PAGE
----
(June 1, 2020) - Recent events been incredibly tragic and painful, including but not limited to the murder of George Floyd. These violent incidents yet again highlight the tragedy of racism that continues to infuse our United States culture. Heartfelt compassion goes out to George Floyd’s family and friends, and to the black communities in Portland and throughout our nation that have endured generations and centuries of trauma and grief. This history is sadly current.
The killing of George Floyd, and outpouring of protests, are taking place on top of the grim milestone of our country surpassing 100,000 COVID deaths, with African Americans disproportionately impacted. After many difficult weeks living with the COVID-19 pandemic, I know that many of you in our community are feeling tired, sad, anxious, angry, frustrated, or afraid. You may be experiencing a lot of different feelings at once – I certainly am. If you need help, please know that Multnomah County operates a free 24/ mental health helpline: 503-988-4888, and offers additional assistance: https://multco.us/mhas/mental-health-crisis-intervention You can report acts of hate to Portland United Against Hate at www.ReportHatePDXcom.
Please read The City of Portland Equity Director, Dr. Markisha Smith’s Facebook post. I appreciated hearing her honestly and perspective. In this hour, our black community is hurting. We as a community must come together constructively. Please reach out to each other, check on your friends, neighbors, and colleagues to see how they are doing – especially our black and African American neighbors.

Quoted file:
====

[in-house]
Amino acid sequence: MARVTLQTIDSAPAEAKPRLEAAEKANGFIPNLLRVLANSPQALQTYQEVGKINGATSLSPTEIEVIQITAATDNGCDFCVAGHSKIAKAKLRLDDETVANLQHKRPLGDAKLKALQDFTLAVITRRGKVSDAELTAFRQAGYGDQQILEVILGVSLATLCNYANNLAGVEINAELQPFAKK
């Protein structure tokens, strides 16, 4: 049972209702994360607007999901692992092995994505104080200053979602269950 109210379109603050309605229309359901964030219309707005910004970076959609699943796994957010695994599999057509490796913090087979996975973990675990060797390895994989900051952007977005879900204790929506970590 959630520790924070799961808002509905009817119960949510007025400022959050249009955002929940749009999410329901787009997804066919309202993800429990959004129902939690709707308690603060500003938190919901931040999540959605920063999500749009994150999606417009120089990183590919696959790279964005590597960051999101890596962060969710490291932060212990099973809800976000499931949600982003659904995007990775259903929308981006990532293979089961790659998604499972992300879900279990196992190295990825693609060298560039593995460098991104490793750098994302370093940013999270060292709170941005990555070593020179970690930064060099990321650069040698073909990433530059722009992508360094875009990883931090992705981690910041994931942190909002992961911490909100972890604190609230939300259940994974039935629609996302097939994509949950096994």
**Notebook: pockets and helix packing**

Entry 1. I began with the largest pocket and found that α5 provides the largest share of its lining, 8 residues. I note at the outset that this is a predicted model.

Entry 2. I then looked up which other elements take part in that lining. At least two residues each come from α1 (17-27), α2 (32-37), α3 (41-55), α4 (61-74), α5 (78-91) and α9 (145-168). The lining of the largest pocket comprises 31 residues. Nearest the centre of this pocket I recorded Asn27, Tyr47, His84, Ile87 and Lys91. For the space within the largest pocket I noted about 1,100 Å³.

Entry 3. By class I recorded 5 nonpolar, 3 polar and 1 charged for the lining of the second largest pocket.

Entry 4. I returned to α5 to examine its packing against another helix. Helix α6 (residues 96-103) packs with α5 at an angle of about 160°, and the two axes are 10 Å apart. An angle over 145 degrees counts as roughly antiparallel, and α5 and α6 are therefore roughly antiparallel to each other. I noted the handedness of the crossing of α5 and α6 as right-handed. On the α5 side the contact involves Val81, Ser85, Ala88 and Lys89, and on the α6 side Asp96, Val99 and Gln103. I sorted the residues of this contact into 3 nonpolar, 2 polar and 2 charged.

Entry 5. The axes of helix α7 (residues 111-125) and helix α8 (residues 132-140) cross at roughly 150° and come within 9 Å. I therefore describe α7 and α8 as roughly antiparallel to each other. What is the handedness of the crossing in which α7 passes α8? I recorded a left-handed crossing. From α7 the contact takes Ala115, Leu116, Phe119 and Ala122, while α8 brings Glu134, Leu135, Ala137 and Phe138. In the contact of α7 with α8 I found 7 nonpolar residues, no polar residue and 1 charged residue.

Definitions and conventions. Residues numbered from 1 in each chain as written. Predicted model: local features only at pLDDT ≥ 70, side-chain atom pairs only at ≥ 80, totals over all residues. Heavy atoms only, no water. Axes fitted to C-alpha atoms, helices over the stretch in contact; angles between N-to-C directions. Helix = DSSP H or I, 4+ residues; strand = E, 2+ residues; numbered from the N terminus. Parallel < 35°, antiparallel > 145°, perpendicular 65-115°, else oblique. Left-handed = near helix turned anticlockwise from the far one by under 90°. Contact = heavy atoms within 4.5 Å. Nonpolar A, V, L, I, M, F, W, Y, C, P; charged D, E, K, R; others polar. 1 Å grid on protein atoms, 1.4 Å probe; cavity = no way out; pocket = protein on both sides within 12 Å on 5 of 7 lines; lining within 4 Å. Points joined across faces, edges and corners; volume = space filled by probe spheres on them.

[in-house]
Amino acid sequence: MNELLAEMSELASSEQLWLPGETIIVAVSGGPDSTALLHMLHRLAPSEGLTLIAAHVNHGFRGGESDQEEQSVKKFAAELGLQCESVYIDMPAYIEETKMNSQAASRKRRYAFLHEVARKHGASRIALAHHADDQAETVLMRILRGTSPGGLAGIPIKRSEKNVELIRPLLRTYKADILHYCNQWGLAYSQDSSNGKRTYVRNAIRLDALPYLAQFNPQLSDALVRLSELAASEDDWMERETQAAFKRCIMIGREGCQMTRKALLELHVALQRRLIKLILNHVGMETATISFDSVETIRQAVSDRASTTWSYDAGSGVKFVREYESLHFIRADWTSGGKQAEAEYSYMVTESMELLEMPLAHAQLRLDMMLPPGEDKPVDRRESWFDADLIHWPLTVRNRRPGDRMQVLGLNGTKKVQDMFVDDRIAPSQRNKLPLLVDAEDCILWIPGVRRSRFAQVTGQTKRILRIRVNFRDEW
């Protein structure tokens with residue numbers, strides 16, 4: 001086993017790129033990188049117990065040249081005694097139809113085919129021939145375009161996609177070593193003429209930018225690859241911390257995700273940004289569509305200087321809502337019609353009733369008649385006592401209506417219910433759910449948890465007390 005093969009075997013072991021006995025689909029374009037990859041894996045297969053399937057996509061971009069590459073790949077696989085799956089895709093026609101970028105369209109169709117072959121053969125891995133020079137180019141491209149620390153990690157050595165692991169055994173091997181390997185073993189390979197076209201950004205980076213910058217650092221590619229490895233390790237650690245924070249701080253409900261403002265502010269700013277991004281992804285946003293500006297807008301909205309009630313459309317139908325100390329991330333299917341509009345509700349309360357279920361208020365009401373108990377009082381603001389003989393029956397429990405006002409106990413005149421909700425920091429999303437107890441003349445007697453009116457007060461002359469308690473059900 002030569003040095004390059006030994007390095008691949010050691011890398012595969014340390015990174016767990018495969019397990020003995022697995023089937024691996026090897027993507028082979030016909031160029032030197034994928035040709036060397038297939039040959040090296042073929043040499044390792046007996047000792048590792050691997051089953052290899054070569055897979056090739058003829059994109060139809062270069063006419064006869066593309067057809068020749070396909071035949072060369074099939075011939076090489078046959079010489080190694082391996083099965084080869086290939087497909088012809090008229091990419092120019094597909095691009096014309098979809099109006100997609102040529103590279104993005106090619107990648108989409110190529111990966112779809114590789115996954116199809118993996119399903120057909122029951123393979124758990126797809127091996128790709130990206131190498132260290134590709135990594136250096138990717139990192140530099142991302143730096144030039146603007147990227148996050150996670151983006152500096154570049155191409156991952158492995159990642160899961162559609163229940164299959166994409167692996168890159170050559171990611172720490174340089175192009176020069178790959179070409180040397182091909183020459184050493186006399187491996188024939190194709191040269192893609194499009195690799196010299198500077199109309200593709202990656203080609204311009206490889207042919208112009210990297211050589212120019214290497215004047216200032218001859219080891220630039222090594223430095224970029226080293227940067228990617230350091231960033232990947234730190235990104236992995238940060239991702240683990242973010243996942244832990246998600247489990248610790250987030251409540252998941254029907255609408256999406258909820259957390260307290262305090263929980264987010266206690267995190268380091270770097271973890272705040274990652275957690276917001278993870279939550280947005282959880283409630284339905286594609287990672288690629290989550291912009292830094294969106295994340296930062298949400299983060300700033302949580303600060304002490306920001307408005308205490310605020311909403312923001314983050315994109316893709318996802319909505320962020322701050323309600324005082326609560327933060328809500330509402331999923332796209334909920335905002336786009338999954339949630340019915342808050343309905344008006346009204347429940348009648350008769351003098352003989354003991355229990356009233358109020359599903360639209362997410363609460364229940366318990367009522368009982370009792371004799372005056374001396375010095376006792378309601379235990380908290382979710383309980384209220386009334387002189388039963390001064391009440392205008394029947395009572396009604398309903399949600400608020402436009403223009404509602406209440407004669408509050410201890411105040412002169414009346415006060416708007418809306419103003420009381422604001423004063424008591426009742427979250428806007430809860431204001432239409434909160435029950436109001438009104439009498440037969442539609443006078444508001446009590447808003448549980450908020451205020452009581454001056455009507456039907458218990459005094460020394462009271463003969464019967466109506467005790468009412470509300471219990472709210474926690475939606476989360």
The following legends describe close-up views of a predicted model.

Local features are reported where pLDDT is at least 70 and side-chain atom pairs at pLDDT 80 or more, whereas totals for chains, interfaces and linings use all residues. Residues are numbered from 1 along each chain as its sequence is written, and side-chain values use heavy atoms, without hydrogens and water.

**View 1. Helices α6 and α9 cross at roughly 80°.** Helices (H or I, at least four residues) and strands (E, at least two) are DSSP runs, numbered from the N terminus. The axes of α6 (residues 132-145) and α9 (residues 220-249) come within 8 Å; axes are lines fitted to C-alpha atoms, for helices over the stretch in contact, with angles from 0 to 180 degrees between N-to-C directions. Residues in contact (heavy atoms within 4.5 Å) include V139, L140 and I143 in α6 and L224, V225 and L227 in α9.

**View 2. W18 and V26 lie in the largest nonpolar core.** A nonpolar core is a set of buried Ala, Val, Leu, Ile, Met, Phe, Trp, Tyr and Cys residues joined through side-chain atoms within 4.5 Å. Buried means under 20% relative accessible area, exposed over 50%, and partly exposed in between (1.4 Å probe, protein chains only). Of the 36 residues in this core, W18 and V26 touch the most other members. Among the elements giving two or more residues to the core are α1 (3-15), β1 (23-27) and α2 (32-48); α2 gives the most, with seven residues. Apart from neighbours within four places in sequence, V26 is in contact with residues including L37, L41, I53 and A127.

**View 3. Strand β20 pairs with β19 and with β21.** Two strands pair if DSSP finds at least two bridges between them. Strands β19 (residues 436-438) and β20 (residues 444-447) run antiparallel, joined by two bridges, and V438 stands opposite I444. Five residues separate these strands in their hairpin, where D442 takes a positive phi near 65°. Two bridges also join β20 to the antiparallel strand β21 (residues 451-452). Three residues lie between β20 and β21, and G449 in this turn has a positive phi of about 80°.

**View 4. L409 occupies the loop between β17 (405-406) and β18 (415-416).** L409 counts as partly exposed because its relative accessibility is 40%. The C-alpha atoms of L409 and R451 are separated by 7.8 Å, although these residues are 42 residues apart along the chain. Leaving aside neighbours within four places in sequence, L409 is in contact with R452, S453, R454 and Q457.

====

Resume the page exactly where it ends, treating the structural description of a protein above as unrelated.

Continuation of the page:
As Mayor Ted Wheeler said: “We have to do better. We have to be willing to stand alongside our black community and not just call out racism when we see it, but meaningfully take a stand against it. We have to be willing to interrogate our own biases and the ways in which we have been complicit in the structuring of a society that makes black death routine.”
I commit today to not being silent. To having conversations about racism with my friends and family. To questioning when and how I am complicit in systemic racism. To do the uncomfortable work of exploring when and how I am racist. To checking in with our employees of color and listening to their feelings and experiences and learning from them. And I encourage all of us to look honestly at our own biases and do our own work to help right inequities and dismantle racist systems that continue to harm people of color.
We are one community. We are proud of our diversity. Let’s look out for each other. - Mike Jordan, BES Director